There was none of the usual singing and dancing that night, although a hearty meal of roast chicken and rice, along with an extra ration of beer, helped raise our spirits. The mood was subdued as we nursed our wounds and reflected on what we’d been through. We had just had a hard lesson in the dangers that lurk just beneath the surface of this beguiling place. As we huddled together under camelhair blankets beneath a blazing sky, the silence of the desert enveloped us. Conversation died away as the last embers of the campfire glowed in the dark. Fennec foxes, hedgehogs and other animals that frequent this place stayed away that night. The Magic Spring cast its spell over us and sleep became our welcome friend.

Most evenings weren’t so restrained. Reminiscent of scenes from the film The English Patient, we would gather after dinner around the campfire, sip mint tea or down a mildly warm beer, and let the show begin — the kind of show in which we were both audience and actor. To loosen us up, our Egyptian friends would ply us with rousing renditions of local folk tunes. The real act began when Mohammed, alias Baghdadi, took centre stage. With black, loose-fitting, drawstring pants and buttocks made for hard seats on long trips in fast-moving vehicles over rough terrain, he demonstrated the art of male belly dancing. Pounding the sand with his bare feet, he could move his middle body in gyrations that would rival those of many a professional female dancer.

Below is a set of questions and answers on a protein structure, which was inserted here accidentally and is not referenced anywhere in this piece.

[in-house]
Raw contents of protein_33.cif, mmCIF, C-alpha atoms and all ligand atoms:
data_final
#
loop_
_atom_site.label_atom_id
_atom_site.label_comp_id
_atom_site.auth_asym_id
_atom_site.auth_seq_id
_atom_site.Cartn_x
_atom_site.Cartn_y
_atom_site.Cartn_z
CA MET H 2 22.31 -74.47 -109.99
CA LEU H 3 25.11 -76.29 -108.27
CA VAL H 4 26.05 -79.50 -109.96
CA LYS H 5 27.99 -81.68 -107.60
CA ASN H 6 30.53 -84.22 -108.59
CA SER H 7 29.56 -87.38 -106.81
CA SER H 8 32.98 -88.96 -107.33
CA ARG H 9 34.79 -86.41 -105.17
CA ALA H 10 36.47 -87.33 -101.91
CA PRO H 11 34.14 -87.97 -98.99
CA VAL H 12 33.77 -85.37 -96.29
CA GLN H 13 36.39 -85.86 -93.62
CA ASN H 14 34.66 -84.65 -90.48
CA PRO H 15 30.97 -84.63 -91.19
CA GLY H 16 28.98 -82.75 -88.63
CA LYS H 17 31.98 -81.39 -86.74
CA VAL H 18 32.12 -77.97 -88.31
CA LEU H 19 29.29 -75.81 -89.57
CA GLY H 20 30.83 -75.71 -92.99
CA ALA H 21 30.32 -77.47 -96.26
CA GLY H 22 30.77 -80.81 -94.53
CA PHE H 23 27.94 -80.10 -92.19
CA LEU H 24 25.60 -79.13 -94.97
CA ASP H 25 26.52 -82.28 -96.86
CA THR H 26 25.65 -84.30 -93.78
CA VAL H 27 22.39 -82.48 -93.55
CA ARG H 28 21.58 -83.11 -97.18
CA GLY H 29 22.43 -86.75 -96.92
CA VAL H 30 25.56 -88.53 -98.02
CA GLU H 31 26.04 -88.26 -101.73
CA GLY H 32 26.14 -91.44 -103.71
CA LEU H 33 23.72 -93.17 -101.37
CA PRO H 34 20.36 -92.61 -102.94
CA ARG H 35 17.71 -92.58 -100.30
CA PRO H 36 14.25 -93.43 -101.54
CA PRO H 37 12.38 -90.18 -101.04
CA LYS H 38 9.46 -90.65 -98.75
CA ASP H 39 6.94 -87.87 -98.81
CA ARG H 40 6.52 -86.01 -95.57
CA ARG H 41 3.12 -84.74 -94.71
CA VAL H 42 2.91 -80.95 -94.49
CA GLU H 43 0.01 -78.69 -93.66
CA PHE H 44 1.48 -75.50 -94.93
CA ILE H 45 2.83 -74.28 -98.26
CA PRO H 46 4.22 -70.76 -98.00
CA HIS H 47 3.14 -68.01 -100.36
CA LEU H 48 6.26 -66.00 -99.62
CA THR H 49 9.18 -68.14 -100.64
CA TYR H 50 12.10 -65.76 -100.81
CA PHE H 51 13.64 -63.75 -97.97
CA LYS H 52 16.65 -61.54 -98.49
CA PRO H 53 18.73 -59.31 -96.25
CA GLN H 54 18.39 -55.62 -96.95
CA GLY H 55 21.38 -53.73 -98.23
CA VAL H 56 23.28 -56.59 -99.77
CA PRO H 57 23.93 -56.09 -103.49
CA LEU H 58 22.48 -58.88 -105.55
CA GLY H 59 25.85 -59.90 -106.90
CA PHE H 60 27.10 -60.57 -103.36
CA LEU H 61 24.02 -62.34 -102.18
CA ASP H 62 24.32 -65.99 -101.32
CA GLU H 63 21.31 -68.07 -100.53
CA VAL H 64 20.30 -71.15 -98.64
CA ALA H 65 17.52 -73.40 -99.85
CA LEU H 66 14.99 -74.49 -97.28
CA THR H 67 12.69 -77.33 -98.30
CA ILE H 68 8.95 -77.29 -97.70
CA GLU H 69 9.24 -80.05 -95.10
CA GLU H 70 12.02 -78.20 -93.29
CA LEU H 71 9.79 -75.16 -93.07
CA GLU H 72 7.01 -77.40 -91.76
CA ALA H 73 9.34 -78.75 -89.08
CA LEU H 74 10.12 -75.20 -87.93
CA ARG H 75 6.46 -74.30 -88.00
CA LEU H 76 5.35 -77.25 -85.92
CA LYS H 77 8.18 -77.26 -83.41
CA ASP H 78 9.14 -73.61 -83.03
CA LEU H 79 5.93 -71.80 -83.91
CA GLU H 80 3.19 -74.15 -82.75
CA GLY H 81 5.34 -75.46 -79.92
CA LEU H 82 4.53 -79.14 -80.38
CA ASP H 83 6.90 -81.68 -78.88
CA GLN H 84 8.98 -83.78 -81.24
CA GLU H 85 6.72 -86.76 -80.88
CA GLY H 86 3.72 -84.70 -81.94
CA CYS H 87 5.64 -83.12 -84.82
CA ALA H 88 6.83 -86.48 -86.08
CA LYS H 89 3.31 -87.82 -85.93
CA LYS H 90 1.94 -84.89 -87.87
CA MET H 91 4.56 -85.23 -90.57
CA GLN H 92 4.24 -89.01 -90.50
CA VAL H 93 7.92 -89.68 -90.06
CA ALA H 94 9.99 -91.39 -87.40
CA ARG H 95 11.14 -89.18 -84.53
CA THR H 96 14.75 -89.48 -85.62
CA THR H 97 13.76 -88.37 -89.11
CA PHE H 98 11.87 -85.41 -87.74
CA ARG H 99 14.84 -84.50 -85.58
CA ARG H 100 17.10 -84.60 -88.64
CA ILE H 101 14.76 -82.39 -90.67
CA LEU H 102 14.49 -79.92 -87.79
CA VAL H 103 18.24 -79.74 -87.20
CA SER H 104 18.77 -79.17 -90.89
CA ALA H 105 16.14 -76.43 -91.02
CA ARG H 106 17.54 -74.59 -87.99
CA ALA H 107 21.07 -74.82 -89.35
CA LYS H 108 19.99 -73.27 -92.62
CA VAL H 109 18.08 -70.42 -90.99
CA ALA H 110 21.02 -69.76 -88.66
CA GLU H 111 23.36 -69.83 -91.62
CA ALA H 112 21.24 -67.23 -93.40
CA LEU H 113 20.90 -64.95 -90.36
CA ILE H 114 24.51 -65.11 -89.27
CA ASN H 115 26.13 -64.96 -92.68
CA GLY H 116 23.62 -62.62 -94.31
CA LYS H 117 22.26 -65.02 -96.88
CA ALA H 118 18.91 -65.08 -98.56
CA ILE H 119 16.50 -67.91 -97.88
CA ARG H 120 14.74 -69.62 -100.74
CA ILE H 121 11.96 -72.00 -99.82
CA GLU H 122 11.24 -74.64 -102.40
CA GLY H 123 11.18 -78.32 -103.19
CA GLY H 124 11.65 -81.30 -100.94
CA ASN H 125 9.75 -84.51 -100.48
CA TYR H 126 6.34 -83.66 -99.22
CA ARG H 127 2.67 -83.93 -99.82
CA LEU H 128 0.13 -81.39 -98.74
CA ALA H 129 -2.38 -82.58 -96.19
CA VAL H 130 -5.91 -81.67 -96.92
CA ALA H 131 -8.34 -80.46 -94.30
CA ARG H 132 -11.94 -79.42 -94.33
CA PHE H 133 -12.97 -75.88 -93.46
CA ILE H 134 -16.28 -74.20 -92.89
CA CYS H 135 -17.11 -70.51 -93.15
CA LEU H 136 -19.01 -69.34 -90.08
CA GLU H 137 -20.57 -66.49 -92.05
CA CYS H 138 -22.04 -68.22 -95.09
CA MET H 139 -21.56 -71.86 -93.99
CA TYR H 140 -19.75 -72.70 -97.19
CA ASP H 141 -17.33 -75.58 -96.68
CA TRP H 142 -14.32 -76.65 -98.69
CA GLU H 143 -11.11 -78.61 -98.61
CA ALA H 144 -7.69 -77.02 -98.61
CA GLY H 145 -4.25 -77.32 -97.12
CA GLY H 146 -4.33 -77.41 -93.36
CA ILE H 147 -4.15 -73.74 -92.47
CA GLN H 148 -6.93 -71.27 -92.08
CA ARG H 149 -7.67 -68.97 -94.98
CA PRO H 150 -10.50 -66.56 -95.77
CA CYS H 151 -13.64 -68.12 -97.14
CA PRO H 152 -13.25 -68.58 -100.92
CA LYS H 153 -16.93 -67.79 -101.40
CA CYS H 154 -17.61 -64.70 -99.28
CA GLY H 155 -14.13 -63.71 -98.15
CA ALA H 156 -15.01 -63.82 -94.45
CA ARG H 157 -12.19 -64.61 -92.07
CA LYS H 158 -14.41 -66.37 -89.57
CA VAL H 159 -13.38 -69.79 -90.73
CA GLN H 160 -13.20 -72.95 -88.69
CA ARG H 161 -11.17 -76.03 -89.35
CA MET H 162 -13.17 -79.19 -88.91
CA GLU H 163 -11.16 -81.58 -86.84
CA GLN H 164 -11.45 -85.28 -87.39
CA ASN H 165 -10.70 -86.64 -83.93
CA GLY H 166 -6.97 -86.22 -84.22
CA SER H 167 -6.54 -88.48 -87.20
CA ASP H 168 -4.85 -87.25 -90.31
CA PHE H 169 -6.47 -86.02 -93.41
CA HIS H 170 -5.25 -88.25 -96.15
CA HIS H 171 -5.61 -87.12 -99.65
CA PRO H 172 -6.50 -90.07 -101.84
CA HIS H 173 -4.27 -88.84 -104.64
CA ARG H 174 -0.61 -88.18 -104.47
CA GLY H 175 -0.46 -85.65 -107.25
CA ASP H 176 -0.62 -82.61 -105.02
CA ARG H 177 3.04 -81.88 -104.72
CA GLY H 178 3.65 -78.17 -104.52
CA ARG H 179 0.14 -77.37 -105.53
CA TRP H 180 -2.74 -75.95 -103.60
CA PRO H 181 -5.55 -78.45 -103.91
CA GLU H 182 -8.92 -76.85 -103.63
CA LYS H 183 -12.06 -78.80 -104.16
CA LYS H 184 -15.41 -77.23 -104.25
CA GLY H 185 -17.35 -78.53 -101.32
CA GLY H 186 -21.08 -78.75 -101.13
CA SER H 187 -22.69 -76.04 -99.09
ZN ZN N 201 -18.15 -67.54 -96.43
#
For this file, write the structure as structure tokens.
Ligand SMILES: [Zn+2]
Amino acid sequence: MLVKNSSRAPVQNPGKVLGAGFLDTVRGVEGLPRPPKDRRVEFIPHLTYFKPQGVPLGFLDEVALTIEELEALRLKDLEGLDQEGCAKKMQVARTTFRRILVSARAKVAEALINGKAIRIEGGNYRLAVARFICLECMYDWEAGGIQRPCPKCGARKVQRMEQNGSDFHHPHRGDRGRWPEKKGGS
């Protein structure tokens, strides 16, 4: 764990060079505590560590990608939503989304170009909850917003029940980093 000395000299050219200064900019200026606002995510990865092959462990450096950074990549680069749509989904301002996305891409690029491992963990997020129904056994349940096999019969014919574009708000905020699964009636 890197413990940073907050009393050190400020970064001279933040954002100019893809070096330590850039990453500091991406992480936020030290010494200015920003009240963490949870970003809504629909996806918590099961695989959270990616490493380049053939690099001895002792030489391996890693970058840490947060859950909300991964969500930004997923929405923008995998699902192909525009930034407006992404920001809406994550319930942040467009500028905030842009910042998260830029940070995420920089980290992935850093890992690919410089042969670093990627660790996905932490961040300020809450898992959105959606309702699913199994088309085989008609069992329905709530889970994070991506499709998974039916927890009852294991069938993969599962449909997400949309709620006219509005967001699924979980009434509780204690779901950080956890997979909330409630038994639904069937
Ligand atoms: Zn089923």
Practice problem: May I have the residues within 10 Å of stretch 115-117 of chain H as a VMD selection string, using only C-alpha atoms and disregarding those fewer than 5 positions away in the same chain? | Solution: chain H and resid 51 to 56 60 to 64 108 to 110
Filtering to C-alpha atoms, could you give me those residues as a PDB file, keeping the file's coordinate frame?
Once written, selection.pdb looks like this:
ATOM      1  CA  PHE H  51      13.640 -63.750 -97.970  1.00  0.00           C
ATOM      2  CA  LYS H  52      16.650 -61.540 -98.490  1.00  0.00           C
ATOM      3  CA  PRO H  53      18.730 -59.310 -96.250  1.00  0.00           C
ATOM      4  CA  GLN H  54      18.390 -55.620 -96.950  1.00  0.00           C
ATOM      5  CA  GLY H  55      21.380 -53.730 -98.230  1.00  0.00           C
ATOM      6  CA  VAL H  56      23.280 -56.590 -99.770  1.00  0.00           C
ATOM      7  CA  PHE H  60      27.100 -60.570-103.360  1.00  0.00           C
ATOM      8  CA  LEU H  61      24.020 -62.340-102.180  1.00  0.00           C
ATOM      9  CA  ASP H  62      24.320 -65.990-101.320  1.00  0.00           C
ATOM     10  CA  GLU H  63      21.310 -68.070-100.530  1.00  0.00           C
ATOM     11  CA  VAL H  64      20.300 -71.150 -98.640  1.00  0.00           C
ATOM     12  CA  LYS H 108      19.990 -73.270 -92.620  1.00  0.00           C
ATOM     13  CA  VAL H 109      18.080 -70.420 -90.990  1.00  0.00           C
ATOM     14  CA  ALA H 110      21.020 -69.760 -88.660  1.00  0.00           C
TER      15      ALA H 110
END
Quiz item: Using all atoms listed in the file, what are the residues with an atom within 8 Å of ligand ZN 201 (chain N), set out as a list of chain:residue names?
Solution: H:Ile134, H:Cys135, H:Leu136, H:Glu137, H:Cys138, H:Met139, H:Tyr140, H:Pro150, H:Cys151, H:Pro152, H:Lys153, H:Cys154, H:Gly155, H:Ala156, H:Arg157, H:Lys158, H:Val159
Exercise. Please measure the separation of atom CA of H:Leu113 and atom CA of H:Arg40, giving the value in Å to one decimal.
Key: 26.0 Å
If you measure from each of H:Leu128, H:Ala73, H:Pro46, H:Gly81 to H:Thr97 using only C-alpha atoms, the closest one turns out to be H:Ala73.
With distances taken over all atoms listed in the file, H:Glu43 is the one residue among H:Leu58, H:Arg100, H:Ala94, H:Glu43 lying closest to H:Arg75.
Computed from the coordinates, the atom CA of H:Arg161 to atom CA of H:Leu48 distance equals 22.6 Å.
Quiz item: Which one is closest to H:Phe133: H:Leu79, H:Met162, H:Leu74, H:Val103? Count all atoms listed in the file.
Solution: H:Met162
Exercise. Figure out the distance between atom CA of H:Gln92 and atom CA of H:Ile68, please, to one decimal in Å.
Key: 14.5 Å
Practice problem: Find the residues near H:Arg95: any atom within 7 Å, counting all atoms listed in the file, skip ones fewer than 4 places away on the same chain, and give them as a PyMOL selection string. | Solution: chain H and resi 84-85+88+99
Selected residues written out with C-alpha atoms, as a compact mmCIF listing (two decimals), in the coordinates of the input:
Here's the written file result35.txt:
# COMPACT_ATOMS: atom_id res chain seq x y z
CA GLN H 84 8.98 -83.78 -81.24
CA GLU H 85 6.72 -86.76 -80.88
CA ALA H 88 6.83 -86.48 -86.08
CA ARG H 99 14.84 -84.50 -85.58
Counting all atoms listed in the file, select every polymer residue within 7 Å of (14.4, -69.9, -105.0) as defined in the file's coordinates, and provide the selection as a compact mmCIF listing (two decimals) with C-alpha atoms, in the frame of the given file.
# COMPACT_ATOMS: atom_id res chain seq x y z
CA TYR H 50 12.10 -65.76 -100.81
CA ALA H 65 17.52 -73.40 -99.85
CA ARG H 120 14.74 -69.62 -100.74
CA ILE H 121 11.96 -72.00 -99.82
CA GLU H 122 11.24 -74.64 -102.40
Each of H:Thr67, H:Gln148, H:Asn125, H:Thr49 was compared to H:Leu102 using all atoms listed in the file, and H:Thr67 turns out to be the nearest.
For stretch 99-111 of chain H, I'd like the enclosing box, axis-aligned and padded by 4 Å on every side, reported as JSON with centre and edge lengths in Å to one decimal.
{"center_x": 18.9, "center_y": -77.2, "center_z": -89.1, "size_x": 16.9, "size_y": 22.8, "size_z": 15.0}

Once Mohammed led the way, Reda and others followed. First among the foreigners to shed his European reticence was Cristian Nacht, who in his other life was the president of one of Brazil’s largest steel construction companies. Clad in a flowing gray galabiya, Cristian tossed propriety to the wind, and with his feet and hips in sync, shuffled around the campfire like an old pro. After he’d broken the ice there was barely room to move, as the more timid among us took to the sand and made it sing.